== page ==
My Designer Prescription for Medicare's Ills

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By Leslie Smolan
Sunday, January 22, 2006

When I read the headlines last week about seniors lost in the maze of the new Medicare prescription drug plan, I didn't just see them as further evidence that the confusion-ridden, fraud-laden, money-squandering Medicare system is headed for disaster. The news also bolstered my conviction that most of Medicare's failings can be tied to a single "disease": disastrously poor information design.

Designing information is a large part of what I do for a living. Designers like me try to simplify complex information for a time-starved, information-hungry society, whether that means helping you sort through the investment options in your 401(k) plan or figuring out how to make the most of your visit to the Louvre (regardless of what language you speak or your familiarity with a complicated piece of 16th-century architecture).

Despite all my experience, I recently fared no better than the average Medicare patient when it came to understanding a system that seems almost deliberately obscure. Last year, my elderly father became chronically ill, and I was forced to navigate Medicare's labyrinths to manage his care. Every step of the way in my long and frustrating dealings with the system, from finding a nursing home to tracking down my father's medical records to reconciling the endless stream of bills, I found that the information I needed was either unavailable, unedited or unintelligible. Clearly, our healthcare system is sick, and unless we focus on curing it before the first baby boomers become eligible for Medicare in 2011, it is likely to be so overwhelmed that it will either cease to provide any reasonable standard of care -- or cease to exist.

What follows is my modest proposal for saving Medicare. As is the case with any ailing patient, the cure depends on making the right diagnosis.

Diagnosis: Information Discontinuity

Symptoms: My father's predicament began with a bad fall that resulted in a cerebral hemorrhage. As he was air-lifted to the hospital, my mother, overwhelmed by the swiftness of events, had to immediately produce a health directive, living will, power of attorney, Medicare number, secondary health insurance policy and prescription drug card. These separate documents all come in different formats and are produced and distributed at different times. Even if you have them all, finding the latest version of each can be a challenge. Imagine if you had to provide a bank balance, credit history, utility bill and birth certificate every time you made a credit card purchase. The wasteful, labor-intensive process of repeatedly generating and collating the same information became a recurring theme throughout the year ahead.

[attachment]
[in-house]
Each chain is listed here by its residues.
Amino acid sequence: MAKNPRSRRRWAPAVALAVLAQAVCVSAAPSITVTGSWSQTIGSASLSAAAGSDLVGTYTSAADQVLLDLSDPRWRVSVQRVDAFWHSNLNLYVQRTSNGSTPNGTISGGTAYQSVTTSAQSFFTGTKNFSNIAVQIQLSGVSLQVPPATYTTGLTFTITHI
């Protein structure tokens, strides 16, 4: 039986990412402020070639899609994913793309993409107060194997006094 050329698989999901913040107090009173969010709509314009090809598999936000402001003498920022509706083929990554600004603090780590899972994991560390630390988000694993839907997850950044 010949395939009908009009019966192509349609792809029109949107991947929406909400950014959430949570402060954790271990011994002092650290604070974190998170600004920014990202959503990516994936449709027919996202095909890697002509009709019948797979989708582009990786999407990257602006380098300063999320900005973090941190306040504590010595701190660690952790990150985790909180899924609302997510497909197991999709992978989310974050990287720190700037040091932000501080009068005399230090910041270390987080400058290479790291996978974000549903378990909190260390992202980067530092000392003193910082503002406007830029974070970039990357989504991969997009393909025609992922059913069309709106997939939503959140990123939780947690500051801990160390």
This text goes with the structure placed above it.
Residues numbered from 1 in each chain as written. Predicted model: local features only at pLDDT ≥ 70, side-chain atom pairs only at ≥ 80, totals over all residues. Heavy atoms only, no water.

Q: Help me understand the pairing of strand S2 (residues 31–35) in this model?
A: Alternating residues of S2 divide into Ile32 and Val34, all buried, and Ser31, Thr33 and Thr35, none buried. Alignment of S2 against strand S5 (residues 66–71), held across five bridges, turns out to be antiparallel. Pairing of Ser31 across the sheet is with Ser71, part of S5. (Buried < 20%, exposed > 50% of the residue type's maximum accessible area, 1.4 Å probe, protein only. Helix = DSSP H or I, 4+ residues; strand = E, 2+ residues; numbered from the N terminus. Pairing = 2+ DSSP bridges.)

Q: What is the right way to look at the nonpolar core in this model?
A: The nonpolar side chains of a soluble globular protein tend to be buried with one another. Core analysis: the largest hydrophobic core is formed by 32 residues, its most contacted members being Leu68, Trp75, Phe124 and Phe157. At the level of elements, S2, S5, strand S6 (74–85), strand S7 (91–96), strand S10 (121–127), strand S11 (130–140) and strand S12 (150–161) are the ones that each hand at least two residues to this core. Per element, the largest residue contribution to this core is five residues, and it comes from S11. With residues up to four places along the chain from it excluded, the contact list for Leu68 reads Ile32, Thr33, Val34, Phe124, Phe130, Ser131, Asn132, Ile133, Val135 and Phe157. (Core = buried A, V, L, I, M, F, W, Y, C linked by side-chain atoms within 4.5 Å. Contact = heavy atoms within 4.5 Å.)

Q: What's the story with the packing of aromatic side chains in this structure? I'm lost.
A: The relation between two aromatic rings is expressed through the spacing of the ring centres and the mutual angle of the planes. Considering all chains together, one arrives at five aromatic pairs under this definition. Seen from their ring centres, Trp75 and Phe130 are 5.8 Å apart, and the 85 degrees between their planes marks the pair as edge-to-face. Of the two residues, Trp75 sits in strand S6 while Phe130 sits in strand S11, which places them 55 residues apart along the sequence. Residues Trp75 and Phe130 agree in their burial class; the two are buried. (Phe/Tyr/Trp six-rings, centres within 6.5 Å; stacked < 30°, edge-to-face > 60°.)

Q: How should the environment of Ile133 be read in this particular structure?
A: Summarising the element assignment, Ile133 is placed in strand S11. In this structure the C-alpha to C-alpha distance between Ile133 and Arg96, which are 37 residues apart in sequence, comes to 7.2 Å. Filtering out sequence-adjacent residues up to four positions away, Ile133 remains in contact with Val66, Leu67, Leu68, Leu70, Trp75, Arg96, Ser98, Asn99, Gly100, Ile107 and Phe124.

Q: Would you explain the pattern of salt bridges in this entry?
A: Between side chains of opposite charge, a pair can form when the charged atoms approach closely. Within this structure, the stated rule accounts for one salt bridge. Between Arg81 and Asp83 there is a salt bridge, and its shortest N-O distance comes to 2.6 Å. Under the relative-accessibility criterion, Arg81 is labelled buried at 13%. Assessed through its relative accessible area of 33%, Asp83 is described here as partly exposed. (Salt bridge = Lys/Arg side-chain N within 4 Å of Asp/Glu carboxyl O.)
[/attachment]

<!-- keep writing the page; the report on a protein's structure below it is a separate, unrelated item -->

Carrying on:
As my father was moved from hospital to nursing home and back to the hospital again, I was shocked to discover that basic information about his condition and treatment did not always make the journey with him. Every healthcare provider in the Medicare system maintains separate records; there is no universal data bank that they all can access. This absence of continuity in the flow of information often resulted in an absence of continuity in care, as when my father's recurring urinary tract infection was misdiagnosed . . . as a stroke!

In addition, Medicare, the insurance companies and the doctors all have different computer programs, making cross-referencing bills and payments nearly impossible. The secondary insurance company pays its portion once Medicare has paid. Despite Medicare's approval, we began to get "scare letters" from the secondary insurer saying they would deny claims unless they got certain information. It turns out that the insurance company's computer system accommodates fewer characters per line than Medicare's, so half the information dropped off when Medicare passed on the claim.

Treatment: From the moment someone enters the Medicare system, all information about his illnesses and treatment should be entered in a confidential, centralized database to which the patient himself (or a designated representative) grants access. Any number of entities could be in charge of the database, from the government itself to an independent third-party provider. With a central database, the necessary information will always be at hand when the patient, doctor or even a pharmacist needs it. When you consider how easy it is for anyone to obtain your detailed credit report, it's clear that the technology exists to remedy this information-sharing crisis (and also, sadly, that our priorities are out of whack).

Diagnosis: Information Overdose

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